The Truckload Carriers Association is working on an alternative proposal for increased size and weight that would not require carriers to buy new equipment.
During his keynote speech at the McLeod Software User Conference in Birmingham, Ala., this week, TCA Chairman John Kaburick, president of Earl L. Henderson Trucking, pointed out that this is one issue where TCA has been opposed to the American Trucking Associations, which has been lobbying for a limit of 97,000 pounds with a six-axle configuration. TCA opposed that because it would mean expensive retrofits or buying totally new equipment -- and for truckload carriers, there likely would not be increased revenue to offset that expense.
"So we're putting together a proposal that would move it to 87,000 or 88,000 on the save five-axle configuration, that would not put any financial burden on the trucking companies."
The Safe and Efficient Transportation Act was recently unveiled by Sens. Mike Crapo (R-Idaho), Herb Kohl (D-Wis.) and Susan Collins (R-Maine). The rule would allow shippers to use extra cargo space and reduce truck loads, fuel, emissions and vehicle miles traveled, according to the Coalition for Transportation Productivity, a group of more than 160 shippers and allied associations. An identical bill is being considered in the House of Representatives.
As we reported last year, most truckload carriers and owner-operators are leery of the idea. The advent of 48-footers and 53-footers didn't mean extra money for most, because shippers came to expect more cargo to be hauled for the same rates.
Most truckload carriers believe that history will repeat itself if they are pressured by shippers to switch to the heavier rigs. It would be expensive, generally requiring new vans, reefers and tankers because existing trailers are not strong enough to take a third axle and the extra 17,000 pounds of gross weight.
The TCA also is working on several other initiatives.
Hours of Service: The group is putting together a task force to try to convince the Federal Motor Carrier Safety Administration to offer some sort of "split sleeper berth" provision as an incentive for fleets to go voluntarily to electronic logs.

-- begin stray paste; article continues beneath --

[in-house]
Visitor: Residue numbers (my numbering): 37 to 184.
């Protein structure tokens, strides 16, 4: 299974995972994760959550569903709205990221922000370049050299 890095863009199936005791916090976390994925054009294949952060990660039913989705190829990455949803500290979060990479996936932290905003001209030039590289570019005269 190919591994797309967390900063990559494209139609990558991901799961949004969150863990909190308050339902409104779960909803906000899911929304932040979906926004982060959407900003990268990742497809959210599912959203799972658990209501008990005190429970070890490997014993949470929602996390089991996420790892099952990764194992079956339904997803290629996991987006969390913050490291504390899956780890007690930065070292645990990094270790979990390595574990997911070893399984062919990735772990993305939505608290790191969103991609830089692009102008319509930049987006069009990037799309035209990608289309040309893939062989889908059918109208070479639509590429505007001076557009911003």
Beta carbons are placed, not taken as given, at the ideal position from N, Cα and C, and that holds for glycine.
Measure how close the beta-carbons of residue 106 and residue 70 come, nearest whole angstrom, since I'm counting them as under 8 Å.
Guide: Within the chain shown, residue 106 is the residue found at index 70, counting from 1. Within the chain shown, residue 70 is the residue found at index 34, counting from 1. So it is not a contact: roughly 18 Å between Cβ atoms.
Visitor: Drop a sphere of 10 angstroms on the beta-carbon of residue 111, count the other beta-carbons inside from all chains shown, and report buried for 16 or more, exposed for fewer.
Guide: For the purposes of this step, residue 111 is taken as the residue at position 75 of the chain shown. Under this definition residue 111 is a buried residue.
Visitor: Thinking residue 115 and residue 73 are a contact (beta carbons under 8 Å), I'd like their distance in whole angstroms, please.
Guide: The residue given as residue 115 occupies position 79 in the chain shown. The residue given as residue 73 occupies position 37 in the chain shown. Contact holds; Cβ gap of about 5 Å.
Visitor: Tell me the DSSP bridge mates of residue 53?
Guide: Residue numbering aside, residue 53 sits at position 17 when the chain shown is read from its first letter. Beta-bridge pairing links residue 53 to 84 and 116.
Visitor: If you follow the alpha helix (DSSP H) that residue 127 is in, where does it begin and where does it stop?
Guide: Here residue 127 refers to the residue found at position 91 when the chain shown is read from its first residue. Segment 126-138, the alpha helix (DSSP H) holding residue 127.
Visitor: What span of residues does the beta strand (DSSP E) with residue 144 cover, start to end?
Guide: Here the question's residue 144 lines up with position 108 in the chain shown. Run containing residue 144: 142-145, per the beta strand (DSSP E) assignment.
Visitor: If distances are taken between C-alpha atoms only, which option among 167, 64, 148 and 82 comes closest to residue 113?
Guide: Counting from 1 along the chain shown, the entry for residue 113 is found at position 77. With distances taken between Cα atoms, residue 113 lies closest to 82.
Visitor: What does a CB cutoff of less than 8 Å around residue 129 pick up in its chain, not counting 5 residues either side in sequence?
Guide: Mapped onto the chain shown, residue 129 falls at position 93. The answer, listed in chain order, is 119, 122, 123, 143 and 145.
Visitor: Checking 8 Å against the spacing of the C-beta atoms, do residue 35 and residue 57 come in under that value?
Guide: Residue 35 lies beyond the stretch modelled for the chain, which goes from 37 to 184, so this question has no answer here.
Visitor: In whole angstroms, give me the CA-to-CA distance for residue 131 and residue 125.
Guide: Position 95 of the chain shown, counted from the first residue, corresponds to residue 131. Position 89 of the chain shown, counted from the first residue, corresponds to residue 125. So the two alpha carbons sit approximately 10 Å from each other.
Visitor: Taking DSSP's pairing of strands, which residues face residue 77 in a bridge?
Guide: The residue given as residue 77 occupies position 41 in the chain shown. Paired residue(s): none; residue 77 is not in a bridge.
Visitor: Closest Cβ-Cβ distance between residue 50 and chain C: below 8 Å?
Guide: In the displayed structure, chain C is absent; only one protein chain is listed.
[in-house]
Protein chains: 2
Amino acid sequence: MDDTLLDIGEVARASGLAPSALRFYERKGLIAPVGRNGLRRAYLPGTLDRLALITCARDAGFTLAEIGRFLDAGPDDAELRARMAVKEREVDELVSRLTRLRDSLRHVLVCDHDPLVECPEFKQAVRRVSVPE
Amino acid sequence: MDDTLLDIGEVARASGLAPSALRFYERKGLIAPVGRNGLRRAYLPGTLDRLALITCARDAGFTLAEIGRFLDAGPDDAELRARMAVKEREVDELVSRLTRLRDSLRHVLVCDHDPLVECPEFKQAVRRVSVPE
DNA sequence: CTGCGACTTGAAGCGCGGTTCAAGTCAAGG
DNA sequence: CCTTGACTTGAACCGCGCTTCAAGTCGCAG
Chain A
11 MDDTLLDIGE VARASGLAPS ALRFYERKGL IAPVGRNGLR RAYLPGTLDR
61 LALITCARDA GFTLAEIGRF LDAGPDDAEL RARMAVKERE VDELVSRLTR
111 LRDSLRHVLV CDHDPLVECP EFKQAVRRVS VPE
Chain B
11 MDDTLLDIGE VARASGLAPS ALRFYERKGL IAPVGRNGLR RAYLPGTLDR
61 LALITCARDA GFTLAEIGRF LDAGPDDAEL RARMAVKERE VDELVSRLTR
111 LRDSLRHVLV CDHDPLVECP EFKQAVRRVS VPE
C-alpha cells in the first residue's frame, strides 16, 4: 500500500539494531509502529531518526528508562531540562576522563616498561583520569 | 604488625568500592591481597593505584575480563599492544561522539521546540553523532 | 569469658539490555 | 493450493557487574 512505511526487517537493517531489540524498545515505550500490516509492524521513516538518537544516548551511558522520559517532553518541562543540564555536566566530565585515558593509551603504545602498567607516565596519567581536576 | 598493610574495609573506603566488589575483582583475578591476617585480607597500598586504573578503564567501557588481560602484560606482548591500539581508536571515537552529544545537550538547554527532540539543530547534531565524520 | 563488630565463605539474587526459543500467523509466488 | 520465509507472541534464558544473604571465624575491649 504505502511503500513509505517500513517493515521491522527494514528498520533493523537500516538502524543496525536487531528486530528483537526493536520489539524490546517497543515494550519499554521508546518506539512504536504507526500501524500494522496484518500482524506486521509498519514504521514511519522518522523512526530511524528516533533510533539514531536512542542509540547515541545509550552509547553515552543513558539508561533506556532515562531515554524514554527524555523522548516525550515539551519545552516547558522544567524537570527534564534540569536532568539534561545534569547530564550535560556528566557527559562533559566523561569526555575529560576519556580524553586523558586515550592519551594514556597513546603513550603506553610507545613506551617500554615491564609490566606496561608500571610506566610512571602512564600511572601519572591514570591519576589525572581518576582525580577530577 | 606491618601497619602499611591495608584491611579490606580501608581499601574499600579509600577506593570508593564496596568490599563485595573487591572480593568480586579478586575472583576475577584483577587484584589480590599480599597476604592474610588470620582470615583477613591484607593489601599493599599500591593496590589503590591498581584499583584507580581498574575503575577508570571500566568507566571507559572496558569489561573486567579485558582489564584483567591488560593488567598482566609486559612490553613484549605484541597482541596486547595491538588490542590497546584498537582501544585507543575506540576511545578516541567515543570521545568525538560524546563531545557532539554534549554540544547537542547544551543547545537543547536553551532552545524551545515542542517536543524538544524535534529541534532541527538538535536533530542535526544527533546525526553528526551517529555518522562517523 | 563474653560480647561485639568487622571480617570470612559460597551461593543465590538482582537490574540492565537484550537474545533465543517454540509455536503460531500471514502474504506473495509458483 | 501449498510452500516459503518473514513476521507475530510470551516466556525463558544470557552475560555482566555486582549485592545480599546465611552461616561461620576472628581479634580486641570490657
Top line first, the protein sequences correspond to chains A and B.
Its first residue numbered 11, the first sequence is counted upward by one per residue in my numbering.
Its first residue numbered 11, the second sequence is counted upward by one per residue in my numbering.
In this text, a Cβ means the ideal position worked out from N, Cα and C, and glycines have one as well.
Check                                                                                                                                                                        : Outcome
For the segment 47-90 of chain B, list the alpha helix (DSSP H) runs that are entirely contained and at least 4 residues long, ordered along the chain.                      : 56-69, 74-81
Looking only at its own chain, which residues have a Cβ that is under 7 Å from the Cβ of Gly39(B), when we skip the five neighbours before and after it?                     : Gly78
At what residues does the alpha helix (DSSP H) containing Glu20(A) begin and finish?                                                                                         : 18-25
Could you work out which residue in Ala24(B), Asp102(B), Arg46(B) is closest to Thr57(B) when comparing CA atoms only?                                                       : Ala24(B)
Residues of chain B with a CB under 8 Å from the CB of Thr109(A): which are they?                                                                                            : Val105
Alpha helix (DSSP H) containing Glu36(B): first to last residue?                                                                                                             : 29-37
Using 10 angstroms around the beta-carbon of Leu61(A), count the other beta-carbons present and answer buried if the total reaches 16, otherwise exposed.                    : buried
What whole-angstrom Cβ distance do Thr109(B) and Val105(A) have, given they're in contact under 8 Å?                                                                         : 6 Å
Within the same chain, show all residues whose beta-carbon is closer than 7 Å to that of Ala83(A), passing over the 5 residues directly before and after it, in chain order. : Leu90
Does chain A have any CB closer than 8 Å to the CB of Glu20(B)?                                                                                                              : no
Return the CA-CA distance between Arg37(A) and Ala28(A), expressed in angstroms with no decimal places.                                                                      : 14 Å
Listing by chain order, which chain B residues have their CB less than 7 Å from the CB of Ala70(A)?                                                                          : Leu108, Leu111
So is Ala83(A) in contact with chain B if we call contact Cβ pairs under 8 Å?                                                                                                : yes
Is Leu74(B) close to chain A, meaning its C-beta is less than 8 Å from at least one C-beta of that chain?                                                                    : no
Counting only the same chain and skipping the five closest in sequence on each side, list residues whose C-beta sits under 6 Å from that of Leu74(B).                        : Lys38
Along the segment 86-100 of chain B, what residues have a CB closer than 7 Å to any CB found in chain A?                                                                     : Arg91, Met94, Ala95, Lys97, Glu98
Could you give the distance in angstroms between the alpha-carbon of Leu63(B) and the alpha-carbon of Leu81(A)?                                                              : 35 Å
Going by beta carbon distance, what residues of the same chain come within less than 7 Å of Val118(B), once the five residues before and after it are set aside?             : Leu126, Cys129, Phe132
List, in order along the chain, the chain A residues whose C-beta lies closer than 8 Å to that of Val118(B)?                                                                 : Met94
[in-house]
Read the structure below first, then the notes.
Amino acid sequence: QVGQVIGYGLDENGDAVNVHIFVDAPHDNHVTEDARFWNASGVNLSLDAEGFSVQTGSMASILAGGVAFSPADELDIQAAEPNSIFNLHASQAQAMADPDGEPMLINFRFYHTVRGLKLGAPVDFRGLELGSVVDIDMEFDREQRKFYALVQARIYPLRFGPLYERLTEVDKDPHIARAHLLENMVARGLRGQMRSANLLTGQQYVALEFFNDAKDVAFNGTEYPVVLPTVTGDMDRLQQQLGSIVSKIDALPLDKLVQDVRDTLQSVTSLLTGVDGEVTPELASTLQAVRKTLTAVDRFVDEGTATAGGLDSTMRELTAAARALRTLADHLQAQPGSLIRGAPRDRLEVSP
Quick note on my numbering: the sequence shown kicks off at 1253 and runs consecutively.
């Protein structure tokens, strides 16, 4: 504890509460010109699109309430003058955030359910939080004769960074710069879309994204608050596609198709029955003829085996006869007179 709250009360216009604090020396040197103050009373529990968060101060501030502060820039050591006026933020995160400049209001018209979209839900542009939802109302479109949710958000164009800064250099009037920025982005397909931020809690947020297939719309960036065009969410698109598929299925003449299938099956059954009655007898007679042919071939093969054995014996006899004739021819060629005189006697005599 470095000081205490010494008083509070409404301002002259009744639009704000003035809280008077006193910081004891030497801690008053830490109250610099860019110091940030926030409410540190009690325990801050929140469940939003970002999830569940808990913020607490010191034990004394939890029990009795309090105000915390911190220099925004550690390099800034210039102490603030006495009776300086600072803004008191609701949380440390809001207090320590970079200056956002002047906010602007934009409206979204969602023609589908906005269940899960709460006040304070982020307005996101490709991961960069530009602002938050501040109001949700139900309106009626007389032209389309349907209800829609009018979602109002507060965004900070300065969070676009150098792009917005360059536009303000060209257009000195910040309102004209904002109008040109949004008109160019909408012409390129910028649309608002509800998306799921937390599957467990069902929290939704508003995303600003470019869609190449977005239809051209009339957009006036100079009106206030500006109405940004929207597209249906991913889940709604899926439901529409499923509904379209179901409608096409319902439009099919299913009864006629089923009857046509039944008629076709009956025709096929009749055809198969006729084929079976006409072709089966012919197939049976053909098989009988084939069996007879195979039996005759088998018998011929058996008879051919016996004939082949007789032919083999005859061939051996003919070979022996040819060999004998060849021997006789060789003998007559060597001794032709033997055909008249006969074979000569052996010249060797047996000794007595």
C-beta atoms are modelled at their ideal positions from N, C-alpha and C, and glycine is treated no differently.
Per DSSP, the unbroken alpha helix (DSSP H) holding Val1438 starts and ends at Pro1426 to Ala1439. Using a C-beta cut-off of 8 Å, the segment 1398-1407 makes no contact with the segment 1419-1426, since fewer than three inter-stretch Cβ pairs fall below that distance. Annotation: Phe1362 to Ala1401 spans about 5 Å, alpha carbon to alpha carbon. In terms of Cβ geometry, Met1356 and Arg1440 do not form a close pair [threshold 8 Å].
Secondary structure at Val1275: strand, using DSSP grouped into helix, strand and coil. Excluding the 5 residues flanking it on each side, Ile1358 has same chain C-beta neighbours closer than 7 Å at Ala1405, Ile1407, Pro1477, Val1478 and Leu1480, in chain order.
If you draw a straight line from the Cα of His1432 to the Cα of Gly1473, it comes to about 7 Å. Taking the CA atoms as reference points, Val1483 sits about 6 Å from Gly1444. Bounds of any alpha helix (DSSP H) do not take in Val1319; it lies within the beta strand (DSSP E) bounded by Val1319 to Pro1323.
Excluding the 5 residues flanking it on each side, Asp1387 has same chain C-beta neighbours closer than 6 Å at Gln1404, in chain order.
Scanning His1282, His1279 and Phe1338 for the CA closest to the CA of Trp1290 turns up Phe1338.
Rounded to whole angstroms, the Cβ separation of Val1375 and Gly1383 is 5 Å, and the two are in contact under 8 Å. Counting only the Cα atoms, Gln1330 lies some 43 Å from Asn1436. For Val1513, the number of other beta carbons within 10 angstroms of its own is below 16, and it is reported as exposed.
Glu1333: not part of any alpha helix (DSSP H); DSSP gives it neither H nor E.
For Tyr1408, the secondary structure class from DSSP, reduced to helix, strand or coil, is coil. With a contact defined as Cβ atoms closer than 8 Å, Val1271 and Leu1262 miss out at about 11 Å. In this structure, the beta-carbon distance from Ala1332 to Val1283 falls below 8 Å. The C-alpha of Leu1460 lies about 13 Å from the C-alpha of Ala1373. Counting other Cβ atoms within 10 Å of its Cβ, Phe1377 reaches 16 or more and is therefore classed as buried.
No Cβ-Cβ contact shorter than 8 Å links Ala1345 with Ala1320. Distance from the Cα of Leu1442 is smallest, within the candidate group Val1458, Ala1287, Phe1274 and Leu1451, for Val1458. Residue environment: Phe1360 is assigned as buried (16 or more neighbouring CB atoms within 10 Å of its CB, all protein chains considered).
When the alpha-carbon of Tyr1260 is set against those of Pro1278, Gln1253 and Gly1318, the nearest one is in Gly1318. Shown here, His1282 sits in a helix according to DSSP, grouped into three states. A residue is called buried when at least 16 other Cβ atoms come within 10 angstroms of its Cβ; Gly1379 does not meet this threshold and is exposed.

Independent Contractor Status: "Because of most states being bankrupt, they're doing everything they can to try to collect funds, whether it's worker's comp, income tax, or unemployment," Kaburick said, by trying to get independent contractor reclassified as employees. "We're trying to get some form where all 50 states operate under the same level."
Sleep Apnea: The association is working to educate the industry on the issue of sleep apnea. "That's another area where plaintiffs' attorneys are really coming after trucking companies," Kaburick commented.
Private Fleets: TCA is looking at the possibility of including private fleets among its membership. "Several private fleets recently have wanted to join us because we're predominantly [active] on the education side, and that's where they feel they need the most help," Kaburick said. "So we've got a task force put together to look at doing that."
CSA 2010: "There's a lot of shippers out there that are really taking a position that they don't care about CSA 2010," Kaburick said, "that it's a carrier responsibility." So TCA has added a section on CSA 2010 to its website to help carriers educate shippers on the effect it will have on their supply chains.
Open Deck: TCA had the first meeting of its new open-deck division a few weeks ago; so far it has 39 members.